Reformed Free Publishing Association
Against Calvinism's teaching of irresistible grace the enemies of this truth raise several objections. One of their objections is that if God's grace is irresistible, then man is actually saved contrary to his will. The caricature of Calvinism is that it teaches that Christ draws sinners kicking and screaming into heaven; that God forces men against their wills to be saved. Those who hold to irresistible grace are charged with teaching that God deals with men as senseless stocks and blocks.
We reject this charge! This is not the teaching of Calvinism, but a gross misrepresentation.
Neither is it the case that one defends the truth of sovereign grace by denying, or downplaying, the activity of faith. One does not show himself to be a staunch advocate of irresistible grace by getting nervous whenever someone speaks of our repenting, our believing, or our coming to Christ, as if this puts the emphasis on man, man's work, and man's ability, and jeopardizes the truth of sovereign grace.
The reality is that the fruit, the infallible effect of God's grace in the sinner is that although before he did not believe in Jesus Christ, now he believes in Jesus Christ. Although before he did not repent of his sins, now he repents of his sins. Although before he would not come to Christ, now he wills and actually does come to Christ. Irresistible grace does not rule out repentance and faith but rather guarantees that the sinner will repent and will believe in Jesus Christ.
An illustration of this truth we have in Jesus' miraculous healing of the lame man at the pool of Bethesda in John 5. That impotent man had absolutely no ability in himself to walk, nor was he in any position to cooperate with Jesus in the miracle of his healing. But when Jesus spoke the word that healed him, that impotent man was healed and the effect of his being healed was that he did what he could not do before - he took up his bed and walked.
That our willing and doing are the effect of God's grace at work in our lives is plainly taught in the Holy Scriptures. In Psalm 110:3 David declares, "Thy people shall be willing in the day of thy power." In Philippians 2:13 Paul writes, "For it is God which worketh in you both to will and to do of his good pleasure."
Another objection against the truth of irresistible grace is that it effectively rules out the use of means, particularly the means of the preaching of the gospel. If man does not have the ability in himself to believe, to accept Jesus Christ and salvation, why call men to faith in Jesus Christ? If it does not lie in the ability of every man to cooperate in salvation, why preach the gospel to all men? If God's grace is irresistible and if the will of God to save certain men will certainly come to pass, why should the church be concerned to preach the gospel at home or on the mission field? Will not God save his people regardless?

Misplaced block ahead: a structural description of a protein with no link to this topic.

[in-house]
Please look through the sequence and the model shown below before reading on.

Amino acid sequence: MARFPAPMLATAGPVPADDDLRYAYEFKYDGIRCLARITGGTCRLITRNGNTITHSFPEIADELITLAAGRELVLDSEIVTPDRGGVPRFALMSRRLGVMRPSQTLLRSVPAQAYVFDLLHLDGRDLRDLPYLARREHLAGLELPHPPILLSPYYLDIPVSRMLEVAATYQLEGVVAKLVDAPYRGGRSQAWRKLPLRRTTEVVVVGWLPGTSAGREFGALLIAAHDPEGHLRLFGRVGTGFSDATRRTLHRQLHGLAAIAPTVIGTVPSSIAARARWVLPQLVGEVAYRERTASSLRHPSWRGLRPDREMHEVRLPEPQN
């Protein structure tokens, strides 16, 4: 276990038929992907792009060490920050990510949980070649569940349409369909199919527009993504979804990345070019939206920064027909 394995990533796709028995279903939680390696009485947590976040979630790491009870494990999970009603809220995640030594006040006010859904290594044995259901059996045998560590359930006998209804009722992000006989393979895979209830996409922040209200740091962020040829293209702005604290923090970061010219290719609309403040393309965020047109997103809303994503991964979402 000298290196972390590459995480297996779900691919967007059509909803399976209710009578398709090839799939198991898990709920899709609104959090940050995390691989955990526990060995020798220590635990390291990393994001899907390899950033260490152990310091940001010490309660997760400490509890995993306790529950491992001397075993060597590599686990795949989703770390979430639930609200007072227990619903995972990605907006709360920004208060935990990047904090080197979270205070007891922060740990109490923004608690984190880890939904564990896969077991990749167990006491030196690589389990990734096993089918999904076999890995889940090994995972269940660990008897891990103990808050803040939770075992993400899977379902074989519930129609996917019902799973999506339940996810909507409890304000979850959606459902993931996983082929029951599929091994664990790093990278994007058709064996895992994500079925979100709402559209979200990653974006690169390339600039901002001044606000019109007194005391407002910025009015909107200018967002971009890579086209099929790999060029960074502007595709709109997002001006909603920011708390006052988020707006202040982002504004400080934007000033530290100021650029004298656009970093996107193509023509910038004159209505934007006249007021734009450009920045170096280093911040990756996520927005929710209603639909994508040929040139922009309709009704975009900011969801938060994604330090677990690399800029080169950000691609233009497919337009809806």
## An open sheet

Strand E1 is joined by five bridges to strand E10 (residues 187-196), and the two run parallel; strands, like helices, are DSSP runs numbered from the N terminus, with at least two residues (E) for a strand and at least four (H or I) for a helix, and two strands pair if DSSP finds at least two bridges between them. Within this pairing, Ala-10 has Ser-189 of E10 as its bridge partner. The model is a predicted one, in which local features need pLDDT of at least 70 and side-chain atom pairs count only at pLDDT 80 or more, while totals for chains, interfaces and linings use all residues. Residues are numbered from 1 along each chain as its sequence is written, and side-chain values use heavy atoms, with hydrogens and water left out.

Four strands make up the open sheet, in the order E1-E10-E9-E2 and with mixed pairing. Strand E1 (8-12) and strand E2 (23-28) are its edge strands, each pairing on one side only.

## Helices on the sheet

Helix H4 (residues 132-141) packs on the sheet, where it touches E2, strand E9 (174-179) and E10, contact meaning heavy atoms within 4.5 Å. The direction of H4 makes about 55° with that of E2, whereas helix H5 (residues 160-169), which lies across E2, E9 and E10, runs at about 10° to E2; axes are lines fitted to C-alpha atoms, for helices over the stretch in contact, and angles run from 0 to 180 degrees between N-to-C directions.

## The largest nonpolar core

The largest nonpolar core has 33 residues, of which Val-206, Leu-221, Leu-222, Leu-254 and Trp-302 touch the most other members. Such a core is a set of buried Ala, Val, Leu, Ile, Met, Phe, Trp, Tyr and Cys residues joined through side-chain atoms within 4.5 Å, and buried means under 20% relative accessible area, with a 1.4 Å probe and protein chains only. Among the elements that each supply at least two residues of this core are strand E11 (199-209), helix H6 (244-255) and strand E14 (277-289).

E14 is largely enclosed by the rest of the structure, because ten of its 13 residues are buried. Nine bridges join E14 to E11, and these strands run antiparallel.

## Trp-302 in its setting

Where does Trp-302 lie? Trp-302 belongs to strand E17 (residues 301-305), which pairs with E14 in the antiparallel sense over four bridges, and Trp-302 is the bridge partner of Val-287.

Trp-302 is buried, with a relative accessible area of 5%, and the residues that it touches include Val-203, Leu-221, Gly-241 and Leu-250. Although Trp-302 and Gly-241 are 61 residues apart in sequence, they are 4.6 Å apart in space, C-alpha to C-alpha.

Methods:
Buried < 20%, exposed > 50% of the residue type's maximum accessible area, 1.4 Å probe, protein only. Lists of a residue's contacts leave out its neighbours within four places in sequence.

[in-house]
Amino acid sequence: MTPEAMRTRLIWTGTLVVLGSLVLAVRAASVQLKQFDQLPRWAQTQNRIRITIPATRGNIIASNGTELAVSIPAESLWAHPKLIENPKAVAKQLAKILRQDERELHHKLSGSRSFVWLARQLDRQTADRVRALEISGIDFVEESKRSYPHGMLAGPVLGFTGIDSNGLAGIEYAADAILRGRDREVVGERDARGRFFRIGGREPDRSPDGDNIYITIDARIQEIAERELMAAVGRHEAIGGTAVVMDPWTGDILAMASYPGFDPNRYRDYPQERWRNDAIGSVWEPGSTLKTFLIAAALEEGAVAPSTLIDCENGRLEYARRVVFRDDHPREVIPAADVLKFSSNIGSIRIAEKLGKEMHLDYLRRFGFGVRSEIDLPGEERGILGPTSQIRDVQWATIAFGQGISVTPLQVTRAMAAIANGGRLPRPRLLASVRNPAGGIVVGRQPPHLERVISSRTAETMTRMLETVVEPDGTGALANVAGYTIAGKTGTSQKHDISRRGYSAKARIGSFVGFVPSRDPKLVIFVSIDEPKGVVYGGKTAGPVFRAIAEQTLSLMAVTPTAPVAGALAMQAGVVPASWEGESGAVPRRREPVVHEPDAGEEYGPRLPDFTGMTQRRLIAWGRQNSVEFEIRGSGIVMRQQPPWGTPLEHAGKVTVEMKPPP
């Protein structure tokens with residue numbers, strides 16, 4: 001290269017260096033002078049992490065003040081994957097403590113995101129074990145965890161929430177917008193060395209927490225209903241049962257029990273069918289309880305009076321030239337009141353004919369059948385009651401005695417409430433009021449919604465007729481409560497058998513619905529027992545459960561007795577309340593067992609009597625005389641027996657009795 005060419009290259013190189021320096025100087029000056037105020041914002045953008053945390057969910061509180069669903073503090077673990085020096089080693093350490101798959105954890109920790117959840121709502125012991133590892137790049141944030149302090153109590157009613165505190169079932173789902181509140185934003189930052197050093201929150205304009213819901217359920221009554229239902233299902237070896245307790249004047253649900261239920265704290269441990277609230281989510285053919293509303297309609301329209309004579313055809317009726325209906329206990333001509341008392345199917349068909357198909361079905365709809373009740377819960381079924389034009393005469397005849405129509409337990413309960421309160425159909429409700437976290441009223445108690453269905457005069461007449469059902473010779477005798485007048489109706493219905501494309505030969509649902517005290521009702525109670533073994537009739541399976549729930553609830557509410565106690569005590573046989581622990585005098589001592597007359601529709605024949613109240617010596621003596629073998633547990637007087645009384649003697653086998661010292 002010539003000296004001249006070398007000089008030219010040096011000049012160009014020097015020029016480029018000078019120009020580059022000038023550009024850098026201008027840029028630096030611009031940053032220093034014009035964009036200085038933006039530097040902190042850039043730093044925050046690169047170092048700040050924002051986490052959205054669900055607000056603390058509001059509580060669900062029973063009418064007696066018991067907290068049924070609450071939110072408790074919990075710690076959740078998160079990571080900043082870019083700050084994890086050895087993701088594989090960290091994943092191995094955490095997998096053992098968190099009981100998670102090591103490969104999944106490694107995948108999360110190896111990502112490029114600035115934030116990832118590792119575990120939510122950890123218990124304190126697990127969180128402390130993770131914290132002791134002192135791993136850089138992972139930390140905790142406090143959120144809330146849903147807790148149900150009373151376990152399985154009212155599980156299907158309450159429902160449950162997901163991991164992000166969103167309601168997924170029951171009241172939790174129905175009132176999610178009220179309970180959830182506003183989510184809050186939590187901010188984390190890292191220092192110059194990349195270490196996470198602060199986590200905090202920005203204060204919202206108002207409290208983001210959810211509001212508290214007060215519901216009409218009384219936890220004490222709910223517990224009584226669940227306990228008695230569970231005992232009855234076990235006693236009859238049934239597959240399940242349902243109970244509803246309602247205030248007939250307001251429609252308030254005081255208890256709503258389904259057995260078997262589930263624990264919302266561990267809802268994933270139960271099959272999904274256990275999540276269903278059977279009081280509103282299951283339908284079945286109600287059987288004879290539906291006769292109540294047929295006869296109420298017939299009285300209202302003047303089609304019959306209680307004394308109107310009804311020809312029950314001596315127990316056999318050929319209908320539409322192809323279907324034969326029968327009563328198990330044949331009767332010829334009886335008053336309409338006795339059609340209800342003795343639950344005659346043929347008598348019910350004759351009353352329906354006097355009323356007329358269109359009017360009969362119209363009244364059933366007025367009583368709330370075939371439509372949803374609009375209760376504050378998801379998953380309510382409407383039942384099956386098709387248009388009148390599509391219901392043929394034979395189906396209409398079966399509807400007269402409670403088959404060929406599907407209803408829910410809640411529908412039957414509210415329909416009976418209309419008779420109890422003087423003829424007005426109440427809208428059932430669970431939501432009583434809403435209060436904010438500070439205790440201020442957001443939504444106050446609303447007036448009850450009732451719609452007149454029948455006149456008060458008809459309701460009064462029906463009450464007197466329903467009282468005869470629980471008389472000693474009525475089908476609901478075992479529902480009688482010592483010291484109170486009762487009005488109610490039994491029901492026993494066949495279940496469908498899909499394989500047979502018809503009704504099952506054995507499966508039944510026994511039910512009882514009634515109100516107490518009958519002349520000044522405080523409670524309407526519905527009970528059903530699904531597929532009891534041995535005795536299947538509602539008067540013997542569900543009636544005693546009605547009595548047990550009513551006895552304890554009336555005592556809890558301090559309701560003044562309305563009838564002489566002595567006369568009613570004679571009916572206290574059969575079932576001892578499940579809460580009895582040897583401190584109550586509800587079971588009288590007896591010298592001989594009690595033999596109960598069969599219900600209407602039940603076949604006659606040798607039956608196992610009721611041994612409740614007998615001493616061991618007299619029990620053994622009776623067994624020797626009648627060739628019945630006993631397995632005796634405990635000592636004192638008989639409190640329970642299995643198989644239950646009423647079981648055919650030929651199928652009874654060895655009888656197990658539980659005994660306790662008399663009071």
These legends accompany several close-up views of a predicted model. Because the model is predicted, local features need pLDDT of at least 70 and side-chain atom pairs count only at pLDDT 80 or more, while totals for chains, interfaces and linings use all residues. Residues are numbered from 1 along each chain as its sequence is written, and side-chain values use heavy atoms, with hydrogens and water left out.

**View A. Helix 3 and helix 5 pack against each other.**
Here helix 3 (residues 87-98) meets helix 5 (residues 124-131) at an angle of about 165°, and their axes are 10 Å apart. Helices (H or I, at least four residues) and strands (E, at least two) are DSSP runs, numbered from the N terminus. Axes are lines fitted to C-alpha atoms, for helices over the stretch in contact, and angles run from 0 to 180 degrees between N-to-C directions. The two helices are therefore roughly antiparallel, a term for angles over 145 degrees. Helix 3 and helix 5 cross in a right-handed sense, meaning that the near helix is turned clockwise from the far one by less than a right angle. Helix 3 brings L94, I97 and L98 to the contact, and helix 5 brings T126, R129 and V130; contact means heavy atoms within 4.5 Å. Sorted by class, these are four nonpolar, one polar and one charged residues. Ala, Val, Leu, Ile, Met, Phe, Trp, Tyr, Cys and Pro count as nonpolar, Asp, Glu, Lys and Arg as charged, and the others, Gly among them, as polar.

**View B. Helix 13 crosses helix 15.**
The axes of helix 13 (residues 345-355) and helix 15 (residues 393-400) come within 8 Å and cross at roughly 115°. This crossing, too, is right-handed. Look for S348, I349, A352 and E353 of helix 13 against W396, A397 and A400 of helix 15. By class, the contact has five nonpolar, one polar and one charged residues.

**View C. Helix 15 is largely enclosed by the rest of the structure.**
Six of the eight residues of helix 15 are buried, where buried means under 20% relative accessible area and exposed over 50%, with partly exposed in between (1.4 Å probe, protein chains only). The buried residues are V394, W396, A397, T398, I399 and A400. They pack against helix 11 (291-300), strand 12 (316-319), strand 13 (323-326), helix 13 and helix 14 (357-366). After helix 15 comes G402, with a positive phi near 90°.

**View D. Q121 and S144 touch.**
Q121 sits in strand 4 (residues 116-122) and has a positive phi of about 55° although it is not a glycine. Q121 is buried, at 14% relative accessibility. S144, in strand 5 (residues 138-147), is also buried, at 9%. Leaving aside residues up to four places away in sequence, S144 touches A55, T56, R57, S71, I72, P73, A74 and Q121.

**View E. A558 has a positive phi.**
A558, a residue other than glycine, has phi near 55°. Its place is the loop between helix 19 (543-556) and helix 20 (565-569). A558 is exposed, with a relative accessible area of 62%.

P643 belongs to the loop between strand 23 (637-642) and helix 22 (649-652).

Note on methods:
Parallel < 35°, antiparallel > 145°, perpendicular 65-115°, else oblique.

This objection does violence to the truth that although God's grace is irresistible, that irresistible grace of God is worked in men through definite means, chief of which is the preaching of the gospel. The divine rule in this matter is that God works and God maintains His grace in the hearts of His elect people by means of the preaching of the gospel.
The warning of the Canons of Dordt, III, IV, 19 is in order here.
As the almighty operation of God, whereby He supports this our natural life, does not exclude, but requires the use of means, by which God of His infinite mercy and goodness hath chosen to exert His influence, so also the before-mentioned supernatural operation of God, by which we are regenerated, in no wise excludes, or subverts the use of the gospel, which the most wise God has ordained to be the food of the soul. Wherefore, as the apostles, and teachers who succeeded them, piously instructed the people concerning this grace of God, to His glory, and the abasement of all pride, and in the meantime, however, neglected not to keep them in the exercise of the Word, sacraments and discipline; so even to this day, be it far from either instructors or instructed to presume to tempt God in the church by separating what He of His good pleasure hath most intimately joined together.